Izmir Poems by Mohamed Metwalli


Translated by Gretchen McCullough
and the author


metwali-poem--4 copy
Egyptian poet Mohamed Metwalli



Two bicycles by the boardwalk of the bay
Two casting poles
Two men fishing in the cold
whistling a nostalgic oriental tune
One of the poles just caught
A wild, red scorpion fish

* * *

His woman fast asleep in the room,
He stood on the hotel balcony
Whistling a nostalgic oriental tune
celebrating the red scorpion fish

A Friendly Cloud

Izmir’s winter is warm at night
Despite the frost.
The vapour rising
from laughing mouths
Along the seafront
Forms a friendly cloud
that warms the fat beach cats
and whoever will pass by—later
Without a lover
On the same path—


A long time ago
The tourist watching these events
From his hotel balcony
Used to walk alone like this man
On the long path between the shrubs
Seeking a cloud to warm him
Or spotlights to capture
scenes from his past life
That were never worth filming
Or even a passing smile
From a stray dog
On the road

The Hard Labour of Finding a Cloud

Two custodial workers
from the Izmir municipality
sat in the park along the corniche
Playing cards at one a.m.
Next to two giant garbage sacks
And it so happened that a depressed man
Passed by them
looking for a cloud!


And remember the word of Gibran
When an Egyptian poet stood
In front of his tomb—on the mountain top—
Getting the chill
Since the spirit of Gibran was infused into his veins
Inspiring him with some of the old fables.

And remember the words of a poet
Who barricaded himself on a rock podium
In the city of Ephesus
North of  “Smyrna”,  later Izmir
—Sixth century Greek Parliament—
He was called Hipponax
His throat made hoarse
For virtue and beauty.
Then Ephesus ended in ruins,
Its surroundings acquired the name “Selçuk”,
After the “Seljuk” invaders,
But the words of Hipponax
Kept hovering above the place
Escorted by his ghost
And ready to assault
The veins of any poet
Who dared approach!

Side Stone

When you come out of the brothel
Surrounded by provocative ads about prostitutes
Etched on the floor stone
Head to the public library in Ephesus
To be lettered after quenching your lust.
And if you seek utter perfection,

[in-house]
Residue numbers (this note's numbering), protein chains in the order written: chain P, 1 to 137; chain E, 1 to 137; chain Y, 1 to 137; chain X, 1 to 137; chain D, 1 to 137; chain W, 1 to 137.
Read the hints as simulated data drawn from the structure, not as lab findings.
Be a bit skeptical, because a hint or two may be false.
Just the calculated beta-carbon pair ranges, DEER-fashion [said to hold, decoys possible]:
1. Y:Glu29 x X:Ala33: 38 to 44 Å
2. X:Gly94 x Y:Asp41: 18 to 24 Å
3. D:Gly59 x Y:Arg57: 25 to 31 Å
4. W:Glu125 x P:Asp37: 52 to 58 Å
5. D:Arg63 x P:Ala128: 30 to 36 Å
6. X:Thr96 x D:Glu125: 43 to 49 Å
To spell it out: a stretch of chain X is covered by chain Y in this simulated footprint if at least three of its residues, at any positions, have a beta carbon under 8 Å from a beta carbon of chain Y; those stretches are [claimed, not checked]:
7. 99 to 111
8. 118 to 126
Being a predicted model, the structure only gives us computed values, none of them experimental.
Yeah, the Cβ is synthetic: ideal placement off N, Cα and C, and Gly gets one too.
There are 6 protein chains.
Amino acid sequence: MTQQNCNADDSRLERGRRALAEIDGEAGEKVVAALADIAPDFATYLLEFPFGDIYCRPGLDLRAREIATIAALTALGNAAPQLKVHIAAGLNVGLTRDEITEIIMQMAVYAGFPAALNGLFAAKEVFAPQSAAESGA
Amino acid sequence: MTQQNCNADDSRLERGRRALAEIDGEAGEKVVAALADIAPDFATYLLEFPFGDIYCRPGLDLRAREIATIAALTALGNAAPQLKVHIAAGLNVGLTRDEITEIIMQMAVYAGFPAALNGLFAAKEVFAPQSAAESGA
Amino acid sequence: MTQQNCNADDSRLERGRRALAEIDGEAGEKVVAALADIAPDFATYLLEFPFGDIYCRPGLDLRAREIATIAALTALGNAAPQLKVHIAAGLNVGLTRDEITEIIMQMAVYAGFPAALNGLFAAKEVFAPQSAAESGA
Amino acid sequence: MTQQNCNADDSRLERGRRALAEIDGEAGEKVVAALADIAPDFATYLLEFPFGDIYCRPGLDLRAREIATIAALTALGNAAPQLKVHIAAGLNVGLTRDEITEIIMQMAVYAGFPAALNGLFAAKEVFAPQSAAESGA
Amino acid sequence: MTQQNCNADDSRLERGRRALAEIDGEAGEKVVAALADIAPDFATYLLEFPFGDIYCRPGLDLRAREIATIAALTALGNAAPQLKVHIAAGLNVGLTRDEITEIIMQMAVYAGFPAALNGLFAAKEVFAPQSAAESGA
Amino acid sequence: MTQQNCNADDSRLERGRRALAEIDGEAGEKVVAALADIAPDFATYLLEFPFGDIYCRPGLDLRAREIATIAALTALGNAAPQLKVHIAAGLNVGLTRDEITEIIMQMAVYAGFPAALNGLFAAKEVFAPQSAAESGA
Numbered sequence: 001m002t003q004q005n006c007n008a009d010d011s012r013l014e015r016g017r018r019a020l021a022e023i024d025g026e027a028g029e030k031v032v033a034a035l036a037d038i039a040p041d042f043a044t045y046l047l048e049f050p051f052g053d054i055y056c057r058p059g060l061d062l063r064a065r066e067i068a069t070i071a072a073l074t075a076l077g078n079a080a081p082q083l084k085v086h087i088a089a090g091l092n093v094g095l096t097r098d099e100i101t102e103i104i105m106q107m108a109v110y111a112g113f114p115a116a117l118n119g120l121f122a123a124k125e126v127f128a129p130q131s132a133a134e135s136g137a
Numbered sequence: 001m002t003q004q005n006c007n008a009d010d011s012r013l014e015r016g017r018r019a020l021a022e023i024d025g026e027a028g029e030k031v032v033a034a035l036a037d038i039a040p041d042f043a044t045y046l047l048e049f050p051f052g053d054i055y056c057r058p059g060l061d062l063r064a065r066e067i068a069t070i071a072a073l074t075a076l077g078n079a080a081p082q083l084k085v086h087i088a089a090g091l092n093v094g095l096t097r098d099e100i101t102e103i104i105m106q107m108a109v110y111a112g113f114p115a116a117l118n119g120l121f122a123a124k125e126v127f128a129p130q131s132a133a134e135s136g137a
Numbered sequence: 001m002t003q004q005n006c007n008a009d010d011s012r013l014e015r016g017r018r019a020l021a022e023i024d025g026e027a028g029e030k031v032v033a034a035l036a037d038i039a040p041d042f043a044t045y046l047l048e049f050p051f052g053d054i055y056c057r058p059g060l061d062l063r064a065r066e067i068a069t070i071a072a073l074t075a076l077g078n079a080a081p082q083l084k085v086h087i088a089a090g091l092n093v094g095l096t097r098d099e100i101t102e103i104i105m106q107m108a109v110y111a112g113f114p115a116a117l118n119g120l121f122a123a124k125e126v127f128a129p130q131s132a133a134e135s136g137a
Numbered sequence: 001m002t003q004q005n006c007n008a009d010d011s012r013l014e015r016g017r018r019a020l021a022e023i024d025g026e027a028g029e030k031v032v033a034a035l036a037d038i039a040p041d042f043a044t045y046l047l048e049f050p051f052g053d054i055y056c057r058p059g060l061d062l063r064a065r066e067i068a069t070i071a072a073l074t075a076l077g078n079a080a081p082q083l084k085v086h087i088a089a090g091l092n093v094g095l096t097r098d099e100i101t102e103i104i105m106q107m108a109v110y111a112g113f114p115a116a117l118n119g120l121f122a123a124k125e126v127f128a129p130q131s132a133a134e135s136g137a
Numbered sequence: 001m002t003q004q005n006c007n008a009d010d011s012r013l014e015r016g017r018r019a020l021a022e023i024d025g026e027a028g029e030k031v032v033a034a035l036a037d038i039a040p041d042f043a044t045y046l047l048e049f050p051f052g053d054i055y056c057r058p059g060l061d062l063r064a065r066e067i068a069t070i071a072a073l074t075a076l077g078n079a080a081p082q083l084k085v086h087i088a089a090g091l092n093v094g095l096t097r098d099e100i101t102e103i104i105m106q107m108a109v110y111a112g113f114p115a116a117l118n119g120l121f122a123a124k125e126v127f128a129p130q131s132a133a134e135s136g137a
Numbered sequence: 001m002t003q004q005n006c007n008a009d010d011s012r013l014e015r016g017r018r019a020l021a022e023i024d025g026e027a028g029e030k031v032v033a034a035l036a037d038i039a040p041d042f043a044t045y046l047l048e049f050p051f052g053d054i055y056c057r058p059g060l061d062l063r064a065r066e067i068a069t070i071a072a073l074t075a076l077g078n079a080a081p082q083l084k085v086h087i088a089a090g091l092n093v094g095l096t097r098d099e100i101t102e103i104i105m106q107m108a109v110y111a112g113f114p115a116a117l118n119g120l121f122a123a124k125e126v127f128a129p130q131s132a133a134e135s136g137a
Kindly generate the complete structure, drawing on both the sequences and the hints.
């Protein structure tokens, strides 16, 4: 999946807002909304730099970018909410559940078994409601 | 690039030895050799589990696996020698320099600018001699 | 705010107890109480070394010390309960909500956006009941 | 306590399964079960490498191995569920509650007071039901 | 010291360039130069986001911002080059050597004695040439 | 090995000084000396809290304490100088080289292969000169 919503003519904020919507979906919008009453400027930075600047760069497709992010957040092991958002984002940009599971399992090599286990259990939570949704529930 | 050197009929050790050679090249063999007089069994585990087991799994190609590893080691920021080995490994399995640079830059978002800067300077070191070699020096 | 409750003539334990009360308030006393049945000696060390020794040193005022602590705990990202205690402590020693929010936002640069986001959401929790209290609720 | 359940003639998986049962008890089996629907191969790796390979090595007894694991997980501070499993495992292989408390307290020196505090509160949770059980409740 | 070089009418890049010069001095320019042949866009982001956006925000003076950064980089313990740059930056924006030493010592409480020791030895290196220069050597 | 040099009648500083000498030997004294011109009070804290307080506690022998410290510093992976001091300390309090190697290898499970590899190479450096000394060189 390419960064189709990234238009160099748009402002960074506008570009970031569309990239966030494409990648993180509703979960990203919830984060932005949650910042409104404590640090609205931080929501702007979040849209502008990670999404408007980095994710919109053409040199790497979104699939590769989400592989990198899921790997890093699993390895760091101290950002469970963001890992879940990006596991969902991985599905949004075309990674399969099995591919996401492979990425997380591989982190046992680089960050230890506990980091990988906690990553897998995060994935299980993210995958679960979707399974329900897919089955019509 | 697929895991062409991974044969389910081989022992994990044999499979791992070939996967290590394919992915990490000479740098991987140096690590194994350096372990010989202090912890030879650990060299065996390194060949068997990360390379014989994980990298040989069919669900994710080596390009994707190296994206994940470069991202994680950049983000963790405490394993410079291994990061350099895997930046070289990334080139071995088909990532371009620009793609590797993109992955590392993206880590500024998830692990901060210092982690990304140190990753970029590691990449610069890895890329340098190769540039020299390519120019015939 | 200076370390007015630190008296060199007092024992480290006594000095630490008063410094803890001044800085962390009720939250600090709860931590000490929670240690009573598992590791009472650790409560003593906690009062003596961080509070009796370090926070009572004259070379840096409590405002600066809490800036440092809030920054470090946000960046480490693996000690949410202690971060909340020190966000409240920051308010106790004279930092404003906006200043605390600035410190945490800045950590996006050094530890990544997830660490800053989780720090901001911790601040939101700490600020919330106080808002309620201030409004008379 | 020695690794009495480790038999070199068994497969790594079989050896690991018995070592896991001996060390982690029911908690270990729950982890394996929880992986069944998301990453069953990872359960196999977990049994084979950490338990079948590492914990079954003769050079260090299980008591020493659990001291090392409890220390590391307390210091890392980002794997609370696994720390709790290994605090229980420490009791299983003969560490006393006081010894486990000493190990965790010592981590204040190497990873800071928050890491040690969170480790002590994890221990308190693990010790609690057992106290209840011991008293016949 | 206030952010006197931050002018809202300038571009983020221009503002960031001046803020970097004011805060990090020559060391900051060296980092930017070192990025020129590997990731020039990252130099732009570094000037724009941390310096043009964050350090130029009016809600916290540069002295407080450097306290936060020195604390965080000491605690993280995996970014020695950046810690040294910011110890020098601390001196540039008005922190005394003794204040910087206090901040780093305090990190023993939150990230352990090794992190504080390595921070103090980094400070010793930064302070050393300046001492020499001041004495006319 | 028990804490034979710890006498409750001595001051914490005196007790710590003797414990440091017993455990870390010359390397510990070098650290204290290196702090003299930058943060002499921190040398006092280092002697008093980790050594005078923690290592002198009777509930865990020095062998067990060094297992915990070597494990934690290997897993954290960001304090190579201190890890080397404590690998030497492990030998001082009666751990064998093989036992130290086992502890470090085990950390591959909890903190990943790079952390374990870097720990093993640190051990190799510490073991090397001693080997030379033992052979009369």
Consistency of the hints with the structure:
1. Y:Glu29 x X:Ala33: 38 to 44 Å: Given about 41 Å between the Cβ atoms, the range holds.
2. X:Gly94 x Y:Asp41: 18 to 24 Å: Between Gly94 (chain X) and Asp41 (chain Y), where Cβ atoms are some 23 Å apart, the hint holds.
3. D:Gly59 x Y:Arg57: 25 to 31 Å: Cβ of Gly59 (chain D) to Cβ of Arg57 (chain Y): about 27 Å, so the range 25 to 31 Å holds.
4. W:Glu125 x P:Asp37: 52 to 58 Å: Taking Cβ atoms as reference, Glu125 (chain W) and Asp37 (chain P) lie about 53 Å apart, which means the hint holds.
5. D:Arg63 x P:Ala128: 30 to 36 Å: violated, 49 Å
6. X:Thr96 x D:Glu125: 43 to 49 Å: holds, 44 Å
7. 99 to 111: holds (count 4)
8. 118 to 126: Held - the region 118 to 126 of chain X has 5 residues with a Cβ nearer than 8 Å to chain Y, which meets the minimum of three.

As a young Greek man
You should, later, practice at the gymnasium
So that one of these amateur sculptors could
Portray you with bulging muscles filling
a whole side stone!

* * *

Yet an Egyptian poet
Happened to be there once
And only saw fat cats, lounging
—in the neighborhood.
He told the young female guide, Excuse me!
My country is full of ruins
And now I would like to sit
By the bank of the “Smyrna” bay
And ask the Aegean Sea,
Which deserted Ephesus—
Thanks to consecutive earthquakes—
For a new catch
To be blessed by the deities
Under a skittish sun
In winter!

A Cemetery of Wishes

A ferry slices through fog
Boarding passengers,
And a cloud high above
To board their dreams,
As we went to the Virgin’s Chapel
On the way to Ephesus.
We lit candles
Drank from the holy spring
Then discovered in the back
A cemetery for wishes along the wall
Shaped in paper shreds
Where ten languages insisted on burying their dreams
On this wall.
None of us dared
To add a new scrap of paper!

Noah’s Ark

That city, people,
Whose cold
Would always
Attract two by two:
A couple of fisherman with a pair of primitive poles
Two naive lovers
Two dogs who exchanged looks with them
Two construction workers staying late at night, next to a bonfire
Two larks tiptoeing
And a ferry cutting through the fog of the bay
And on board
From every part of the city:
Tourists, cats, parrots,
Poets, prostitutes and plants
Two by two!

11. The Sea of Darkness

How reminiscent of Beirut is tonight!
Pins of lights adorn the coastal mountain
Like stars in the distance
And a full moon behind four drunkards,
Just out of Restaurant Deniz
Which rips tourists off in broad daylight,
Crooning a song from the seventies
Aiming their throats towards the dark sea.
Izmir bay has no waves
Just a few lampposts
A couple of fat dogs and garbage men.
One single reaction
Was a licentious female giggle
In a nearby room.
And there is always a writer
Sitting on the 6th floor balcony
In Izmir Palace Hotel
Also aiming his poems
Towards the dark sea!

A Hoopoe

A man and a woman
Riding the clouds
Parked their cloud on the pavement
Rushed towards the wooden bench
To face the dark sea
—Close to the car—
A pair of construction workers have heaped up wood
Lit a fire
And kept themselves warm with childhood memories.
Gregory Peck just came out of “To Kill A Mockingbird”
To guide a man, whose wife wearing stilettos
On the cobblestones
And was mocked by some hoodlums—
How like a gentleman he should behave!
A hoopoe suddenly appeared
Instead of seagulls and ravens
On the only remaining shrub
On the coastal path!
On the following morning
Everybody adamantly denied
Seeing a hoopoe
Since it roamed the sea of darkness
And knew the whole truth!


first published in English in Banipal 52 Spring 2015